This column was written by the Editors of The New Republic.
Not long after George W. Bush proudly declared last year that he had no intention of watching Al Gore's "An Inconvenient Truth," he told reporters that there was a "fundamental debate" about whether global warming was "manmade or natural." It was an ignorant statement utterly at odds with the scientific consensus. Recently, however, he tried to walk it back. "Beginning in June 2001," read a White House letter released last month, "President Bush has consistently acknowledged climate change is occurring and humans are contributing to the problem." (A second letter claiming that the White House consistently acknowledged that Saddam Hussein had no WMD is said to be forthcoming.)
Revisionism aside, it's nice to see the administration swear off pointless skepticism about the science of global warming. Indeed, as the Intergovernmental Panel on Climate Change prepares to release its latest report, declaring with 90 percent certainty that manmade greenhouse gases are heating the planet, the debate over global warming has shifted. Erstwhile skeptics are scattering for cover. Businesses are lining up in support of a mandatory cap on carbon emissions. Democrats have declared the issue a top priority.
It's not a moment too soon. To stave off melting ice sheets, rising sea levels, and other potentially calamitous effects of large-scale climate change, we should have started working to stabilize carbon-dioxide levels in the atmosphere years ago. But, while there are unimpeachable policy grounds for rushing to action, the political logic of hastily moving forward is less convincing. Public alarm over global warming is just beginning to build. And the president, despite his shift in rhetoric, still opposes mandatory reductions in emissions. If Democrats in Congress act tomorrow and produce a bill that can pass muster with the White House, they will end up with an inadequate half-measure that could deflate the growing pressure to act meaningfully.
Consider the current raft of climate-change legislation. The only piece that has a chance of surviving a GOP filibuster and Bush veto is one sponsored by New Mexico Senator Jeff Bingaman. His bill would implement a cap-and-trade regime, setting a national limit on carbon emissions and allowing companies to buy and sell pollution credits — a system that worked with acid-rain legislation in the 1990s. But Bingaman's proposal includes "safety valves" that give companies an out, and it doesn't reduce emissions quickly enough. Unfortunately, stronger bills — such as one sponsored by John McCain, Joe Lieberman, and Barack Obama — stand almost no chance, even with the current Democratic majority. (Last time around, that bill netted only 38 votes.)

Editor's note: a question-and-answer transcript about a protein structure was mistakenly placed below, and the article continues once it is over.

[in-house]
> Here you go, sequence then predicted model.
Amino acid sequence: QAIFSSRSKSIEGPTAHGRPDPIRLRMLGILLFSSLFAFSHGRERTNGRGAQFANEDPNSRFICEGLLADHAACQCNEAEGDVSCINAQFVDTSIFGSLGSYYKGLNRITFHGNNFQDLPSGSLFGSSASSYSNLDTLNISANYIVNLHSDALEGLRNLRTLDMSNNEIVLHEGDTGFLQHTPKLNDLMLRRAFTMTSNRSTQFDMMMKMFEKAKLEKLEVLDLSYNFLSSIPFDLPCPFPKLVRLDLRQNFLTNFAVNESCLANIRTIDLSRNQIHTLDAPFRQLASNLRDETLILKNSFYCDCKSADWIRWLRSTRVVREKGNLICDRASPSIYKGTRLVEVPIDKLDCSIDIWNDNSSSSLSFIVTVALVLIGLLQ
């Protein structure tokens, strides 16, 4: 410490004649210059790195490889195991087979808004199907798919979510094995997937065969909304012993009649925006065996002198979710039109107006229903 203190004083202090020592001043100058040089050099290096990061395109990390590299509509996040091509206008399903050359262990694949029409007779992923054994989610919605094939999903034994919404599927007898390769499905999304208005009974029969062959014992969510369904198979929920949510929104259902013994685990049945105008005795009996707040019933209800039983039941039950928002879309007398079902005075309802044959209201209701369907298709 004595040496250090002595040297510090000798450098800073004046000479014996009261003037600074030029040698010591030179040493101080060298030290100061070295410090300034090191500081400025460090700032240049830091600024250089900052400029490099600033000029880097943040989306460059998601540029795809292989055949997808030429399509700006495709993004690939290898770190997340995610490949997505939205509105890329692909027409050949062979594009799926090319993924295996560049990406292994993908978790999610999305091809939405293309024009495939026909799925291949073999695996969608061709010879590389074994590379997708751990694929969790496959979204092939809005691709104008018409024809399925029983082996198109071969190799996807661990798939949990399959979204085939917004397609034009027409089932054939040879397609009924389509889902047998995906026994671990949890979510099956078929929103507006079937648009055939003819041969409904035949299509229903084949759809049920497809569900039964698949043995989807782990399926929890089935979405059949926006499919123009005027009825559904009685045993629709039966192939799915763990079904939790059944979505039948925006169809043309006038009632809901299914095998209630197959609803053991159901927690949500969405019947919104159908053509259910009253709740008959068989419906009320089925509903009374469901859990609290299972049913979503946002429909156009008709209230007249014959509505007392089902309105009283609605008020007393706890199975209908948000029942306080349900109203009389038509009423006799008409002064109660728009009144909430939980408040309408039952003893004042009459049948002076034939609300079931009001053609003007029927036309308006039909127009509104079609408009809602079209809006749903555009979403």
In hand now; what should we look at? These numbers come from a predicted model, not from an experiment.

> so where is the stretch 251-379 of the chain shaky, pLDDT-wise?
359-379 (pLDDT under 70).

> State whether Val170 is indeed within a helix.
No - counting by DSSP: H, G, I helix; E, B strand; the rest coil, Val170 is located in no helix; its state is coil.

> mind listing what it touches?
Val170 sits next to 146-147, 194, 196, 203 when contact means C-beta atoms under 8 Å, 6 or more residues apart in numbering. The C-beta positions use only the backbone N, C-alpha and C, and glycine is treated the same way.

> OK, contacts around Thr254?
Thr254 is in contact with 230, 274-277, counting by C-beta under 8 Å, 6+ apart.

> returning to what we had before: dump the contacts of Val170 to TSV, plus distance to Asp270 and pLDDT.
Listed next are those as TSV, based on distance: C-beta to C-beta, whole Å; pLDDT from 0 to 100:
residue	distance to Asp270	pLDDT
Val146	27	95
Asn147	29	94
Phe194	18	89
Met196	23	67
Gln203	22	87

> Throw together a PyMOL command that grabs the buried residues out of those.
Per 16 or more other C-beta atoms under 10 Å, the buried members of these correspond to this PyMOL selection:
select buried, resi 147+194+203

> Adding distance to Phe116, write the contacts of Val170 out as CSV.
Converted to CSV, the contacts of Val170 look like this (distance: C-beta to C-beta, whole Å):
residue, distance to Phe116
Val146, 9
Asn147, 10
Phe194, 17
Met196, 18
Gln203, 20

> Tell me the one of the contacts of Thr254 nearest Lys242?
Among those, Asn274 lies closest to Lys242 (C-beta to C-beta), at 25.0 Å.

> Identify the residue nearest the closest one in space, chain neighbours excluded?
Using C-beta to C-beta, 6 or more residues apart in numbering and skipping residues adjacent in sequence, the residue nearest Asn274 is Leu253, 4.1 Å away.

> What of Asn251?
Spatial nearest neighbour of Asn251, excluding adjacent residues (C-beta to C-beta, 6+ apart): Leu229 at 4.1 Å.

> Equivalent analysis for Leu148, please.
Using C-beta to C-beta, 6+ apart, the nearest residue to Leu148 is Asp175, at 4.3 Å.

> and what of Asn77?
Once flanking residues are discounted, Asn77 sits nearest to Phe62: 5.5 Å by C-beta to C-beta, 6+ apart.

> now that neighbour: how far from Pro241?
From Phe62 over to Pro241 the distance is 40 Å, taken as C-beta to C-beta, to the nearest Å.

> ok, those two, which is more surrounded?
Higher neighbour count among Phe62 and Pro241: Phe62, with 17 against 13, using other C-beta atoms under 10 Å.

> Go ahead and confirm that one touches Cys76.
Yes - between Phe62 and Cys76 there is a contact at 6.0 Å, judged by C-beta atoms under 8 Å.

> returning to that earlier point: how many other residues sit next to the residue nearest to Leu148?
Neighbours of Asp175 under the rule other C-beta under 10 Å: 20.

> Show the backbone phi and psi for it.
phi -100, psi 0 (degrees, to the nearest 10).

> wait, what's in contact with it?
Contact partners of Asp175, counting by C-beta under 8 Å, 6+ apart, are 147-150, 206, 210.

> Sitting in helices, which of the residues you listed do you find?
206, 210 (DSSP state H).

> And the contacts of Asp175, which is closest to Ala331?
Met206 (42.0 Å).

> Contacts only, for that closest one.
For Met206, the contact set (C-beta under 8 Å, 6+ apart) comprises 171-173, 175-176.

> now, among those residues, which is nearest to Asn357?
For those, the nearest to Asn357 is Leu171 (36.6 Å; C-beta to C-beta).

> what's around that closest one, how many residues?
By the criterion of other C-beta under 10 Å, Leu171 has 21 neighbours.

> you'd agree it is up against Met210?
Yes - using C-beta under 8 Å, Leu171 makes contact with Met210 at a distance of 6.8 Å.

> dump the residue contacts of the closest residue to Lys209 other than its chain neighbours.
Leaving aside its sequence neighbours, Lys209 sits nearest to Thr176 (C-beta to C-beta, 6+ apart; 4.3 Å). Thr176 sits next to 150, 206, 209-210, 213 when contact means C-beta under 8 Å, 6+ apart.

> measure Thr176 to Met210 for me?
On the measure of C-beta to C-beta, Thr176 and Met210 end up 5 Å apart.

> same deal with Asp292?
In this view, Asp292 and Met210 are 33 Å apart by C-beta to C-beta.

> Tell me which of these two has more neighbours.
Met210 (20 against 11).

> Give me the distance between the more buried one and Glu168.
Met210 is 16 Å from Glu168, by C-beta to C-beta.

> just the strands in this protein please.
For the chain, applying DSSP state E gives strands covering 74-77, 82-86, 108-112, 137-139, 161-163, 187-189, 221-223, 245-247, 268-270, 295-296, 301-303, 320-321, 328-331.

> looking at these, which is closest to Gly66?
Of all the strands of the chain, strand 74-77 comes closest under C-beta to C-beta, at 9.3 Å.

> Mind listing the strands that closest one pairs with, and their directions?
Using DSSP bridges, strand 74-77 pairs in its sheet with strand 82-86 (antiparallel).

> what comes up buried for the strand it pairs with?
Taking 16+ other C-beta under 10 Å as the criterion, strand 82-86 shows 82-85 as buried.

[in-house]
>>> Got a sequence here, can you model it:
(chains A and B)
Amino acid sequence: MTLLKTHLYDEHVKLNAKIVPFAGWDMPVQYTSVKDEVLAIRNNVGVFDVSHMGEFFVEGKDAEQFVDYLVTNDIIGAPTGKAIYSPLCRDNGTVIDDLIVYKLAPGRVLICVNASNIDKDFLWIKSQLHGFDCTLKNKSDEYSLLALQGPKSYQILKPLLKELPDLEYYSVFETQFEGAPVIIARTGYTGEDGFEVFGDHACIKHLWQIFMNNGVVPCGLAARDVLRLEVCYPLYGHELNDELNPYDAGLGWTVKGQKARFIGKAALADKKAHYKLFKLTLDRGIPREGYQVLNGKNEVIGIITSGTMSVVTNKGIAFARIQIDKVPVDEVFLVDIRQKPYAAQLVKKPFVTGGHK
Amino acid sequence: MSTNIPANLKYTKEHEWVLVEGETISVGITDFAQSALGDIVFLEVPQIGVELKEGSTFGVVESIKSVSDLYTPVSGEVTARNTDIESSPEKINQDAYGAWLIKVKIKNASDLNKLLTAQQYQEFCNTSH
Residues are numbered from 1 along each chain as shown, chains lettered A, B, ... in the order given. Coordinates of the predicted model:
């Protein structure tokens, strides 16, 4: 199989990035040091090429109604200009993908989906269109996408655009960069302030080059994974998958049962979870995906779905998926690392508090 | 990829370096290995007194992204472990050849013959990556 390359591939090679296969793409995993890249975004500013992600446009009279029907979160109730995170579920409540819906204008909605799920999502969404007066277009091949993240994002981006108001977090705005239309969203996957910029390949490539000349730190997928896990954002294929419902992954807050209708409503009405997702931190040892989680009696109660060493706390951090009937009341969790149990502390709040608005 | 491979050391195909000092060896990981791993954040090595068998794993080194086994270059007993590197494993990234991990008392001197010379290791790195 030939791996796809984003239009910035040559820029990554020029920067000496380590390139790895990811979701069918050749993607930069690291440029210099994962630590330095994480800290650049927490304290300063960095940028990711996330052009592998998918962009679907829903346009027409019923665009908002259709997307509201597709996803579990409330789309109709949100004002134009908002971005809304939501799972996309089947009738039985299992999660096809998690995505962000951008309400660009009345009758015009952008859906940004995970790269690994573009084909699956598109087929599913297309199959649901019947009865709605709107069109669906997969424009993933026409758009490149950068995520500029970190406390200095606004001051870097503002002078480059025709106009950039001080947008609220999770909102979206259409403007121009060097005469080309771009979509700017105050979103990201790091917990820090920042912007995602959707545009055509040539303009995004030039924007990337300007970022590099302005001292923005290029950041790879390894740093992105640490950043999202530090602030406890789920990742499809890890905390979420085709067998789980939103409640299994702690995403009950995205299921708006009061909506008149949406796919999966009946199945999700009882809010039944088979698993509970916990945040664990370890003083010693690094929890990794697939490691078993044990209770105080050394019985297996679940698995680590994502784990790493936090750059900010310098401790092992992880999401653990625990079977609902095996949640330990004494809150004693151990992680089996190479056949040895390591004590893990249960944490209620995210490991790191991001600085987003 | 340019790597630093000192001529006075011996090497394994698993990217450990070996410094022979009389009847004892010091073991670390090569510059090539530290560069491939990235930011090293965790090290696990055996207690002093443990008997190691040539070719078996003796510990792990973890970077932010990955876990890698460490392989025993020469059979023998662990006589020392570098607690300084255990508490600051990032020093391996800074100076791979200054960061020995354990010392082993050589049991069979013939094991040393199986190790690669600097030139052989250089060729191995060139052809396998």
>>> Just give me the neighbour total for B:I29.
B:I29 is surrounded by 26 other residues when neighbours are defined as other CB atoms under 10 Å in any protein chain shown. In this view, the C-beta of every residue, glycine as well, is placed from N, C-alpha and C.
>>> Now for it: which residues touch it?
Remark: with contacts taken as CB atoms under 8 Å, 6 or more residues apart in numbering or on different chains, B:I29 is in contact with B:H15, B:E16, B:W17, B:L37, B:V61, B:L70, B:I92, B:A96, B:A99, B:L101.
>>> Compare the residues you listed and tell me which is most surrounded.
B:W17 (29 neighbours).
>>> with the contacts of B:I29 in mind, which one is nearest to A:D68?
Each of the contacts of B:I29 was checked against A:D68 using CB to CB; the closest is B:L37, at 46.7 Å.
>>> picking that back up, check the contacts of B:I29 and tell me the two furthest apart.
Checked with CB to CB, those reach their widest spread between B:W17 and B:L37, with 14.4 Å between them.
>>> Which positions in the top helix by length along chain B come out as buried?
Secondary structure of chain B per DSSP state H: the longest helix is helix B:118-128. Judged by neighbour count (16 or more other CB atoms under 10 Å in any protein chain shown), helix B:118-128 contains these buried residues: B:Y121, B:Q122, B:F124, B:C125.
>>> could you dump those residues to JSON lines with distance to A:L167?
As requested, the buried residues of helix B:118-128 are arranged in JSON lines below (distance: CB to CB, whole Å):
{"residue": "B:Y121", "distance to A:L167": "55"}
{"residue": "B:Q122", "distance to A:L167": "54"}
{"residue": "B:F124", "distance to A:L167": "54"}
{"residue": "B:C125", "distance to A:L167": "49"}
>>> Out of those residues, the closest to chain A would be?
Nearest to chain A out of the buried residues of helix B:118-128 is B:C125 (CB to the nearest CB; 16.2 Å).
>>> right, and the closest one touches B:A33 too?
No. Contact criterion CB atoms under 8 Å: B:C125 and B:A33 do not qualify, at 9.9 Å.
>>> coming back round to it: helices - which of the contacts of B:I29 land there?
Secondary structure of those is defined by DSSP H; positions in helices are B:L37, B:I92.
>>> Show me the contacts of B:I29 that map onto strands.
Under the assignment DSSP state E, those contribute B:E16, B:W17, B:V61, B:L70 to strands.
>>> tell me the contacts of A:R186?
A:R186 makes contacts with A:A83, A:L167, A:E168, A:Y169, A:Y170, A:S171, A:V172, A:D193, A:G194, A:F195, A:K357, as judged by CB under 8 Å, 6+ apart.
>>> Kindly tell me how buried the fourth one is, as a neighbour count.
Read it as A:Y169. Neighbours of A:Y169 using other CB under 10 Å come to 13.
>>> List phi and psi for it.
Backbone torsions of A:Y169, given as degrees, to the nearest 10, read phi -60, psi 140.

Democrats, eager to show that they are capable of governing, could rally around Bingaman's toothless bill. Or they could pursue a course that offers the promise of truly meaningful action: They should embrace the strongest bill possible, suffer a Senate filibuster or Bush veto, raise public awareness, and simply bide their time until 2008. Most political observers like the Democrats' chances of picking up seats in the Senate then, and nearly all of the leading presidential contenders — from McCain to Hillary Clinton — take climate change more seriously than Bush. Public pressure will also continue to intensify (already, the Climate Action Partnership, a coalition of companies led by GE and Duke Energy, is pushing for legislation along the lines of McCain-Lieberman-Obama). Then, and only then, will effective action be possible.
Waiting, of course, entails potentially grave risks — especially since the process of reducing emissions is likely to move slowly no matter what. For one thing, wending any meaningful piece of legislation past retrograde committee chairmen and meddling industry lobbyists will take years. For another, averting drastic climate change will involve a mix of emissions caps and mandates for renewable energy — all of which will take time to perfect. The cap-and-trade regime in Europe has faltered in its early stages, suggesting that any new system will invariably arrive with kinks that need to be worked out.
But what other choice is there? Thus far, on issues ranging from the minimum wage to Medicare, congressional Democrats have, appropriately, crafted moderate legislation that has some chance of passing, rather than trying to jam through ambitious policies that would only get smacked down by the White House. After all, a modest minimum-wage hike beats none at all. But climate change is different. There won't be many chances to get this right, and Democrats will need to wait until they can go for broke.
By the Editors of The New Republic
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